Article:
Figure 1.7: Effect of thickness of surface pavement on fraction of fluid.

Figure 1.8: Effect of thickness of surface pavement on volume of fluid.

 


For each case simulated, velocity fields are similar, however, differences can be observed in the way that the FAVOR method interprets the geometry. When the mesh is too coarse to resolve the walls of the PVC hexagonal columns there can be fluid leakage between the inside and outside of the walls. Results show that pressures in Figure 1.9 are in reasonably good agreement with one another, with marked differences between the solution of the coarsest mesh and the mesh independent solutions of the two other meshes. In particular, differences at the water surface and at the bed are caused by the mesh approximating the location of the geometry and water surface, which results in differences in interpolation between the non-zero velocity of cells in the flow field and the zero velocity of adjacent cells either within the obstacle or above water surface as in Figures 1.10, 1.11 and 1.12. The discrepancies should be minimized by using a finer mesh.

Pressure fields for the 2D different thickness of surface pavement.Figure 1.9: Pressure fields for the 2D different thickness of surface pavement.

Velocity fields for the 2D different thickness of surface pavement.
Figure 1.10: Velocity fields for the 2D different thickness of surface pavement.

Velocity fields in the x-direction for the 2D different thickness of surface pavementFigure 1.11: Velocity fields in the x-direction for the 2D different thickness of surface pavement.

Velocity fields in the z-direction for the 2D different thickness of surface pavement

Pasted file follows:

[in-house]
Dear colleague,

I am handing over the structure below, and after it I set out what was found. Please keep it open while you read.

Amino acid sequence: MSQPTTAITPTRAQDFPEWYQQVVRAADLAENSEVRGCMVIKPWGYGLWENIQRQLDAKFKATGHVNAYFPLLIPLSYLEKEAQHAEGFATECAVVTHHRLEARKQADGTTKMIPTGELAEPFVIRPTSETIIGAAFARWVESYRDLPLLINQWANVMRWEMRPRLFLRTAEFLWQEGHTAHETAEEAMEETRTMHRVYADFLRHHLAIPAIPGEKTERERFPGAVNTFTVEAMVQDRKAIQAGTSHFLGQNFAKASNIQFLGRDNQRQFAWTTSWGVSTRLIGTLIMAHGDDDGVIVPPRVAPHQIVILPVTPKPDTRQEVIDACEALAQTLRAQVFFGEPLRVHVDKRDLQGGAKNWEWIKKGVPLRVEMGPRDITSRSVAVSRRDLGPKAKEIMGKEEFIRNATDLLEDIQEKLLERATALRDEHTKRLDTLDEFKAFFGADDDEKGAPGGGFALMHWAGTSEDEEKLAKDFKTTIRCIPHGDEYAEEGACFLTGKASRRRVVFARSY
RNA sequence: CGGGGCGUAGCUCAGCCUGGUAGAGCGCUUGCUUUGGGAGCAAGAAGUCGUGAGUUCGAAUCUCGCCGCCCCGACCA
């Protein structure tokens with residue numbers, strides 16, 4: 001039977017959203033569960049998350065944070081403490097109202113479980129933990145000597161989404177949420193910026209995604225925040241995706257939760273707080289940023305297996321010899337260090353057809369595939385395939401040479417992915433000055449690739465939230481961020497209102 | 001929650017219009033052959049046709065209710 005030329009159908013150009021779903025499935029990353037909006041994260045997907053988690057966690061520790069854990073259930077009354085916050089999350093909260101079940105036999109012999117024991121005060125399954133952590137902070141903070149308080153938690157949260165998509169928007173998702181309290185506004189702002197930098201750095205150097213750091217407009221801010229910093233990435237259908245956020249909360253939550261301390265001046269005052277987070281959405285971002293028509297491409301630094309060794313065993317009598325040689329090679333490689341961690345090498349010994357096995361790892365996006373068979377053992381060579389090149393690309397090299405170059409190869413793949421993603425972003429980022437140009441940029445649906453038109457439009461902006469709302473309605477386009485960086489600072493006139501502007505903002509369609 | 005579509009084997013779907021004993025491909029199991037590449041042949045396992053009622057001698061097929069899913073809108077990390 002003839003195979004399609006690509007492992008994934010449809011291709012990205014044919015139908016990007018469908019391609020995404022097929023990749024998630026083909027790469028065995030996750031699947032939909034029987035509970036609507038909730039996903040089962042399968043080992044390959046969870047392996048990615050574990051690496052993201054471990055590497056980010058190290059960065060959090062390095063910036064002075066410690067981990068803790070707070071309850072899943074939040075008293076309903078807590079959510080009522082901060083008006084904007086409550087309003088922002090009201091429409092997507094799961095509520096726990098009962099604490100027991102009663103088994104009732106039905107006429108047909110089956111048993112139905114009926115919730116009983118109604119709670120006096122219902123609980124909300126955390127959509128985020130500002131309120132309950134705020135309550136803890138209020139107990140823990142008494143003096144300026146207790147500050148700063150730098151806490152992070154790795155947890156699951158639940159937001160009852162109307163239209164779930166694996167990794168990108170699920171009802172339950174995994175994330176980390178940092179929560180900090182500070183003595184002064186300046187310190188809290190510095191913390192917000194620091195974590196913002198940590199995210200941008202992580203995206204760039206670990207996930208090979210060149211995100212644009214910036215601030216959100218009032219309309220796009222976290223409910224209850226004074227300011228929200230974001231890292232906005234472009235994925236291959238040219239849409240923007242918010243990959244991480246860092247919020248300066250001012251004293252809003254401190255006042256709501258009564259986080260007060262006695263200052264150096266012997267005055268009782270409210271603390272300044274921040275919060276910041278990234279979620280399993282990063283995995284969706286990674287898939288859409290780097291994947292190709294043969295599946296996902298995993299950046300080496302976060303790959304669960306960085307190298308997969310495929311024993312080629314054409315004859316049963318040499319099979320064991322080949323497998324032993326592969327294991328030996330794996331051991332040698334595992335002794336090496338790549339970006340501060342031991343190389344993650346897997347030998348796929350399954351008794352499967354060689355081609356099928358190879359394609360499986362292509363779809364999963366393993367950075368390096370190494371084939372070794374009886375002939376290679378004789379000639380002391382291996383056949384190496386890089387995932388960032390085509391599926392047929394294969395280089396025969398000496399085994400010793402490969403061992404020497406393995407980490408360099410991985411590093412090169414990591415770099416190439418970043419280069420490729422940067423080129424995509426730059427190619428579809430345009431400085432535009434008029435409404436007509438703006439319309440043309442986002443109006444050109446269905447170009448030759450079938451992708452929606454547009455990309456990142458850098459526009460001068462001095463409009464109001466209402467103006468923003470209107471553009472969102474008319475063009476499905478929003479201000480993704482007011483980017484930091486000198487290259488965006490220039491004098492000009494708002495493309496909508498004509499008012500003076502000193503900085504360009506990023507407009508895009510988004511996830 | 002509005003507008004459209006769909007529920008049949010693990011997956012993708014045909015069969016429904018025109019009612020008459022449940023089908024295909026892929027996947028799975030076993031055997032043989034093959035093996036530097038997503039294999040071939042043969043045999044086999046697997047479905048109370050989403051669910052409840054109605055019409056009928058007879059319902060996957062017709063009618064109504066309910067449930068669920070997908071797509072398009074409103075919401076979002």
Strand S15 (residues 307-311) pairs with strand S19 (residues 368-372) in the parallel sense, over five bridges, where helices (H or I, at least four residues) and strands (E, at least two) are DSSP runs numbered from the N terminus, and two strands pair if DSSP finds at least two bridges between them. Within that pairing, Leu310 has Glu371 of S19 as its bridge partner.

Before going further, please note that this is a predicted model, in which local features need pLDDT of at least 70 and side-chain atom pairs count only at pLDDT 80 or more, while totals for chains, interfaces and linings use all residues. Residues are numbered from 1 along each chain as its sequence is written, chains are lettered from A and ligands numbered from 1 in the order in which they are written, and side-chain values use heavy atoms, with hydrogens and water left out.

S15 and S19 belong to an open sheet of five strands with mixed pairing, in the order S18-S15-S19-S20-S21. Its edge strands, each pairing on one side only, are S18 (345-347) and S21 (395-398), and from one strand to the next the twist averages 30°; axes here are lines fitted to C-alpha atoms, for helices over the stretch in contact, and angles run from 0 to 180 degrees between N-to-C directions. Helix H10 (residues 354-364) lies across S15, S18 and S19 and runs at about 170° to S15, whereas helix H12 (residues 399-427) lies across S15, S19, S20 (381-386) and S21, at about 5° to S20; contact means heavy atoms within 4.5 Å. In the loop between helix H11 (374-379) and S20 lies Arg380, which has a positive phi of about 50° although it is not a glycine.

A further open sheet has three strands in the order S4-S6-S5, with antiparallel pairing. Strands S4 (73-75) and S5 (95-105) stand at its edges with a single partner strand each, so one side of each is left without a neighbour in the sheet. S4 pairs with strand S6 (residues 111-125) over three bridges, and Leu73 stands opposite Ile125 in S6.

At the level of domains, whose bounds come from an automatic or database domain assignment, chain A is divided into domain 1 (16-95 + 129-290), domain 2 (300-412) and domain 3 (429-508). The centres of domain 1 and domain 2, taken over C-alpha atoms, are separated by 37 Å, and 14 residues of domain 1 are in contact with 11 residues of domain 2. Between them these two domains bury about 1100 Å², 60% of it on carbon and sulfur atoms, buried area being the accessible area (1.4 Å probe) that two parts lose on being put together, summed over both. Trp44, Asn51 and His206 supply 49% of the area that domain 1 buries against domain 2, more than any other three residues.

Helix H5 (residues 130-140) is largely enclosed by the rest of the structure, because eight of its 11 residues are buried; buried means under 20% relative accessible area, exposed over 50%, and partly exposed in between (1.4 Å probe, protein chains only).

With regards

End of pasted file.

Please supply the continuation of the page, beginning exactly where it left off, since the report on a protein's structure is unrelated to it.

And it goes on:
Figure 1.12: Velocity fields in the z-direction for the 2D different thickness of surface pavement.

Conclusion

It may be concluded, from the range of tests that were conducted, that FLOW-3D adequately models flows of modular pavements, HMPS. Results also indicate that complex 2D flow is always adequately modelled, particularly when comparing water surface profiles to those of the physical model. This complies with the third objective of this study, to compare the experimental and model results under the same operating situations. Furthermore, simulations can be run with alternative porous media models or with scaled or prototype dimensions. This study has shown that FLOW-3D is sufficiently advanced so as to model the general characteristics of the flow through the pavement structures. A more powerful computer is necessary for more detailed studies. These findings are valid for this particular case, and should be used as a guide when studying other designs.

Finally, from this research, one can see that the pavement structure works as an integrated hydraulic system. The performance of this system is related to all of the components within the system. The next step of this research is to develop a simplified model based on the analysis method presented in this research. To improve the estimation of the material properties used in the computational fluid dynamics model, more laboratory tests should be conducted for the soil water characteristic curves.